Restoring Hope in their Own Voices; Addressing the Intersection Between GBV and HIV&AIDS in Conflict and Post Conflict Situations in Africa

Situations of conflict perpetuate sexual and gender-based violence as women are forced and coerced into relationships and raped, which consistently abuses their dignity and exposed them to sexually transmitted diseases including HIV and AIDS. In this book, Isis-WICCE publishes a collection of post-conflict communities in Liberia, Uganda and Zimbabwe. These stories of resilience and hope show that it is possible for women living with HIV&AIDS in post-conflict communities to make a difference in their lives and their immediate communities when they are given the means for empowerment.

Restoring Hope in their Own Voices


Touching the Unreached; A Medical Intervention in Liberia

This report presents the process leading up to and the analysis of the major findings of the short-term medical intervention that was undertaken by Isis-WICCE in the two counties of Maryland and Grand Kru in Liberia where a total of 1158 women and men war survivors were screened and received treatment. The key health conditions that were presented during the exercise included Vesico Vaginal Fistulae, genital prolapse, enlarged and elongated breasts, urinary tract infections, hernias, hydroceles, epilepsy and mental health disorders. The medical intervention was prompted by the findings from the Isis-WICCE report, ‘A situational analysis of the women survivors of the 1989-2003 conflict in Liberia,’ where the four counties of Lofa, Bong, Maryland and Grand Kru were studied.

A Situational Analysis of Women Survivors of the 1983-2003 Conflict in Liberia

The report highlights experiences and challenges women and men encountered during the armed conflict in Liberia in the counties of Maryland, Bong, Lofa and Grand Kru. It also highlights the conduct of the warring groups during the conflict.

The 1993-2003 armed conflict in Liberia and the sexual and Gender based violence that emanated had devastating effects not only on individuals but also communities. The war destroyed social service provision and delivery, social networks and kinship systems. The report also reveals that torture and violence were not only committed by armed groups especially on women and girls but were also systematically used by police and prison officers, who were expected to be “custodians of peace.” It also presents the conduct of the warring groups as experienced by survivors; clearly detailing high levels of sexual violence.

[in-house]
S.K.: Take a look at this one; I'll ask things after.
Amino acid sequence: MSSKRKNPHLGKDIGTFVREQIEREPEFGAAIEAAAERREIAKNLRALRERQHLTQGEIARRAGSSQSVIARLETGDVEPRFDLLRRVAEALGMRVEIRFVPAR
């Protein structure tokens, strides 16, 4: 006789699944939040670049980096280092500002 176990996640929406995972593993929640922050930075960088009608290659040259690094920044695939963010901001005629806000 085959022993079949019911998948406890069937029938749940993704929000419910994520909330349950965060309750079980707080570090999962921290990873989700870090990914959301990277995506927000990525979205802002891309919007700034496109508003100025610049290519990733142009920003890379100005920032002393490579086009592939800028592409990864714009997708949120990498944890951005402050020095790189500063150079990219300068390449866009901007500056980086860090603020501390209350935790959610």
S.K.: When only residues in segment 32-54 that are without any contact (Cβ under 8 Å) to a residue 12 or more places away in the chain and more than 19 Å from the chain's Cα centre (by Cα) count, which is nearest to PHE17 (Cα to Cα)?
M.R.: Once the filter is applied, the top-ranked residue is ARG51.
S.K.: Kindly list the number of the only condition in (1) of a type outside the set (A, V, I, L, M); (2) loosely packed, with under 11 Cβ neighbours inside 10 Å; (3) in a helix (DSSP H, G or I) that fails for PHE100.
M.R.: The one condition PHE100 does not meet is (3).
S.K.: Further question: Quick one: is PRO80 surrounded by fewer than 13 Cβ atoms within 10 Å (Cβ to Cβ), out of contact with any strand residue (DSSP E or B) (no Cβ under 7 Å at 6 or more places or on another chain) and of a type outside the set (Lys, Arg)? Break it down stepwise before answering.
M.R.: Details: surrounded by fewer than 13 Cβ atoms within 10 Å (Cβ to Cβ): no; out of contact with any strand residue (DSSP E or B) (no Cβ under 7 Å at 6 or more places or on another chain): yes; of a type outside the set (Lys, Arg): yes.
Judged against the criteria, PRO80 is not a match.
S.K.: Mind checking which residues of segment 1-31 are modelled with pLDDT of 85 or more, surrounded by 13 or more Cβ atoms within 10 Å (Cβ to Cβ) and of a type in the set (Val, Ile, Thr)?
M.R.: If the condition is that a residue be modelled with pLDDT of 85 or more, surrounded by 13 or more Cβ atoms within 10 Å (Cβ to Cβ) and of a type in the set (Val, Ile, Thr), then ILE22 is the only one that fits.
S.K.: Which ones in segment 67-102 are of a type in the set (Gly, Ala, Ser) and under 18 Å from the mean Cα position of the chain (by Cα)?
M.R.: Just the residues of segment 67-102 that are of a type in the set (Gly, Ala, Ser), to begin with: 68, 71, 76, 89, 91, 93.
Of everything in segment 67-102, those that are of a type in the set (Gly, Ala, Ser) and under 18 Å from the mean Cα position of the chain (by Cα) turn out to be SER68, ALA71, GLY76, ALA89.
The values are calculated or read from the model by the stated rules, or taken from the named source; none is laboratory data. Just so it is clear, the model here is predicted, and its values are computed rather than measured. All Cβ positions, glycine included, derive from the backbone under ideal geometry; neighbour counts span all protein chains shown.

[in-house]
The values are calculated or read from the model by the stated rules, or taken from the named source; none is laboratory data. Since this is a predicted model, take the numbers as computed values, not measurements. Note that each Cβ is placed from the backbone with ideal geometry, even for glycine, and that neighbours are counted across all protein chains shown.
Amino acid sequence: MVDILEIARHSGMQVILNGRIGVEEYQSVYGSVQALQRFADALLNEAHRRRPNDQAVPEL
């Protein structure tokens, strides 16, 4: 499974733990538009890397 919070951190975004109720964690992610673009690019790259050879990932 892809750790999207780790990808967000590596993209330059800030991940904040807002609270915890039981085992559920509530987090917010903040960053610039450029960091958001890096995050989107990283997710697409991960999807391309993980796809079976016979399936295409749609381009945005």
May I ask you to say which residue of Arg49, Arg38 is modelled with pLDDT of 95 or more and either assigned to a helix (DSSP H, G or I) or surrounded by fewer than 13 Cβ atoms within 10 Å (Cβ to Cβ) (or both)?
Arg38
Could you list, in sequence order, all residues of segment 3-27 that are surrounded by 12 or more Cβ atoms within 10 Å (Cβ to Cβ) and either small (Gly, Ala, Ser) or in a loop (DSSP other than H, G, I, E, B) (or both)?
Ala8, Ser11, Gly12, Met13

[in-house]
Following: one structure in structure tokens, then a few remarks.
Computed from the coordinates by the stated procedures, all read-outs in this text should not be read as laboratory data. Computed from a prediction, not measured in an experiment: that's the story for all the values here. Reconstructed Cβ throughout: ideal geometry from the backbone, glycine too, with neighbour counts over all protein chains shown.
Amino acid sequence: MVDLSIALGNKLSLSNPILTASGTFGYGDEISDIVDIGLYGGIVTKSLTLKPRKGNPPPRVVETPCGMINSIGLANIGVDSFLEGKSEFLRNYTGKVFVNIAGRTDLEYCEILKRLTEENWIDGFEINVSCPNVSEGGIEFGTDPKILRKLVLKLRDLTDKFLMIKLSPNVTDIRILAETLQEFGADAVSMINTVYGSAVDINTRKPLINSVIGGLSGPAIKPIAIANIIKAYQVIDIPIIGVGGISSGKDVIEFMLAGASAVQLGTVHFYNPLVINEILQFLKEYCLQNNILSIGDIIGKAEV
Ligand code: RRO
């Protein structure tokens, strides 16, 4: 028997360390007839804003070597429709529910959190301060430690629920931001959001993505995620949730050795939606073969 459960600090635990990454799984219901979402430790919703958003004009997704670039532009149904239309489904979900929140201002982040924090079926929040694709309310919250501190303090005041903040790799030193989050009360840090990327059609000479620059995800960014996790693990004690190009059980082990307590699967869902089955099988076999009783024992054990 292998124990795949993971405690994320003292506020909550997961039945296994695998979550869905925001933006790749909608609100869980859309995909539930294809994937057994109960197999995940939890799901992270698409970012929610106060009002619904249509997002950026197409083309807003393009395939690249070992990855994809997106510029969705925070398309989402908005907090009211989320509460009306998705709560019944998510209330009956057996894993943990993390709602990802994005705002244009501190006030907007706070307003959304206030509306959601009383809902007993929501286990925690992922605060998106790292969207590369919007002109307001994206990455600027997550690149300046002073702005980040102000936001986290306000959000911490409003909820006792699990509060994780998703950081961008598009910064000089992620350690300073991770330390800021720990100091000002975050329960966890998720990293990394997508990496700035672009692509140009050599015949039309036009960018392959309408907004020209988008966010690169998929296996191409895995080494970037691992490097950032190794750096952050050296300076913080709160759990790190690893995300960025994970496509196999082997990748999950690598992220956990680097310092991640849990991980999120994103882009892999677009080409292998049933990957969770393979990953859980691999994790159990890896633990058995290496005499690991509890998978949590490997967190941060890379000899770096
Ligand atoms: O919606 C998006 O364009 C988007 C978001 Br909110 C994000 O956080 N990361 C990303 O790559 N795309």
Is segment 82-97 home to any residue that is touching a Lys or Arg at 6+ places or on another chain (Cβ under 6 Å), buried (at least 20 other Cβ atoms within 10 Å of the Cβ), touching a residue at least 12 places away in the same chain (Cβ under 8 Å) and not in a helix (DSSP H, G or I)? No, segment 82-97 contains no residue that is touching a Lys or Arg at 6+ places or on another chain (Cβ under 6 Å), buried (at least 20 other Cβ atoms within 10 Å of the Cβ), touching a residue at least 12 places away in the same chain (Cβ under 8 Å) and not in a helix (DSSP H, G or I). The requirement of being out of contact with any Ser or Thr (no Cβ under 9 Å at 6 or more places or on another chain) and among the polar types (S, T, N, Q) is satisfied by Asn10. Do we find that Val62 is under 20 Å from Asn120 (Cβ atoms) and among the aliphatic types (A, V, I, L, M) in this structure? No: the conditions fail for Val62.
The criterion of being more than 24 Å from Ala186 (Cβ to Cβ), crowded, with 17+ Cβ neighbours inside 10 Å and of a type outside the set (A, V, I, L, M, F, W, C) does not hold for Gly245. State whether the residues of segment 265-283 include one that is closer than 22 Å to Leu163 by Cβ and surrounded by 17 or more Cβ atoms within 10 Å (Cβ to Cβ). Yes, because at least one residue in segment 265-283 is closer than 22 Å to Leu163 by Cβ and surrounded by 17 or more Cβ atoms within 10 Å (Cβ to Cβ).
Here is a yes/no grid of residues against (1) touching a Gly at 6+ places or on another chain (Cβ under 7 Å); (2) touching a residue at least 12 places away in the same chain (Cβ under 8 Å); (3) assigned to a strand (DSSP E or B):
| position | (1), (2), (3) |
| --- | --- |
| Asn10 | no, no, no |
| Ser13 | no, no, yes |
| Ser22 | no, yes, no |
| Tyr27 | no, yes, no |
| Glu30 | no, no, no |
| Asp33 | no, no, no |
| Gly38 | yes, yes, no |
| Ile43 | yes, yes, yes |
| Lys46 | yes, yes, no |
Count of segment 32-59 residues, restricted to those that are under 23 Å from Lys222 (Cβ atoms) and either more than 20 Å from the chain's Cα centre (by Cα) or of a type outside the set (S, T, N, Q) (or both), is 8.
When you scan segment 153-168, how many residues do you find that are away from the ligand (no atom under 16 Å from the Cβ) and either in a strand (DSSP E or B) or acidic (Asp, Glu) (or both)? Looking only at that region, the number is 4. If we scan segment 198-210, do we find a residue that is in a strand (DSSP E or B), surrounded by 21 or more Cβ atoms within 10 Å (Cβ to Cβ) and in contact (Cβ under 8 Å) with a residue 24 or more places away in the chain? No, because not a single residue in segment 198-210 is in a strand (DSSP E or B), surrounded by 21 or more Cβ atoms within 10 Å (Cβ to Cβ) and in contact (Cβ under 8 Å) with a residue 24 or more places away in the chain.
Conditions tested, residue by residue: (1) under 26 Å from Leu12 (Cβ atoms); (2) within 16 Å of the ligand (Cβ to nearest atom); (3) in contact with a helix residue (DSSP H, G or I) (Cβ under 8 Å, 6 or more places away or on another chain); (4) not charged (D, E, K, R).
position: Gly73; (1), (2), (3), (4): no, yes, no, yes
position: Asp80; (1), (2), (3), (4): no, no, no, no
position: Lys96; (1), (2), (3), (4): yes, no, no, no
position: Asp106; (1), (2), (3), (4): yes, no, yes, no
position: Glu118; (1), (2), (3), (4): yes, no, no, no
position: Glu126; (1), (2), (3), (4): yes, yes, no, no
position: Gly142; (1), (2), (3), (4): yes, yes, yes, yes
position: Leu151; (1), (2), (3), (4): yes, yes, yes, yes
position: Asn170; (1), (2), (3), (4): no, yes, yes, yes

Women’s Experiences During Armed Conflict in Southern Sudan, 1983-2005; The Case of Juba County 2008

The study documented the experiences of South Sudanese women in the two decades-long armed conflict from 1983-2005. The study covered Juba town in Central Equatorial state. The study shows the devastating impact of conflict on the political, socio-economic and cultural dynamics of South Sudanese women. They were subjected to the most humiliating, brutal and traumatizing experiences. Apart from gang rape, often in the presence of their children, and spouses, women’s vaginas were mutilated with bayonets while young girls would have their external genitalia especially the clitoris cutout. Experiences of such gruesome torture and humiliation often resulted into mental breakdown and physical health problems.

The study reveals that the prolonged civil armed conflict greatly impacted on the population with acute poverty, poor health, persistent insecurity of persons and property, displacement and congestion in the internally displaced people’s camps.

Women’s Experiences of Armed Conflict in Uganda, Gulu District. 1989-1999

The report assesses the impact of the war on women of Gulu District, Northern Uganda focusing on their war experiences, the effects of war on their health and economic status, the position of their rights, their coping mechanisms with the war and contributions to their society in distress. The study was carried out within the population originating from 13 sub counties of Gulu District but living in internally displaced people’s camps within an 18km radius of Gulu Municipality.

The key findings reveal that the population was exposed to traumatic experiences such as captivity, abductions, torture, killings, sexual abuse/violence, intimidation, walking long distances without food or water or walking barefooted in thorns and bushes and extreme humiliation to the women. The report also highlights the major health problems faced by the survivors which include reproductive health complications such as STIs including HIV&AIDS, broken and severed limbs and a host of other ailments. Psychosocial consequences were the most numerous.

Medical Intervention Study of War Affected Gulu District.

Gulu District in Northern Uganda has been at the center of the Northern Uganda armed conflict that lasted more than 18yrs and saw more than 35,000 children abducted, 2 million people displaced into IDP camps and thousands killed. In July 2001 when the war was still ongoing, Isis-WICCE working with the medical professional team in Uganda undertook a short-term medical intervention in Awer internally displaced people’s camp. The study revealed that the population had suffered significant war traumatization including psychological, physical and sexual torture.


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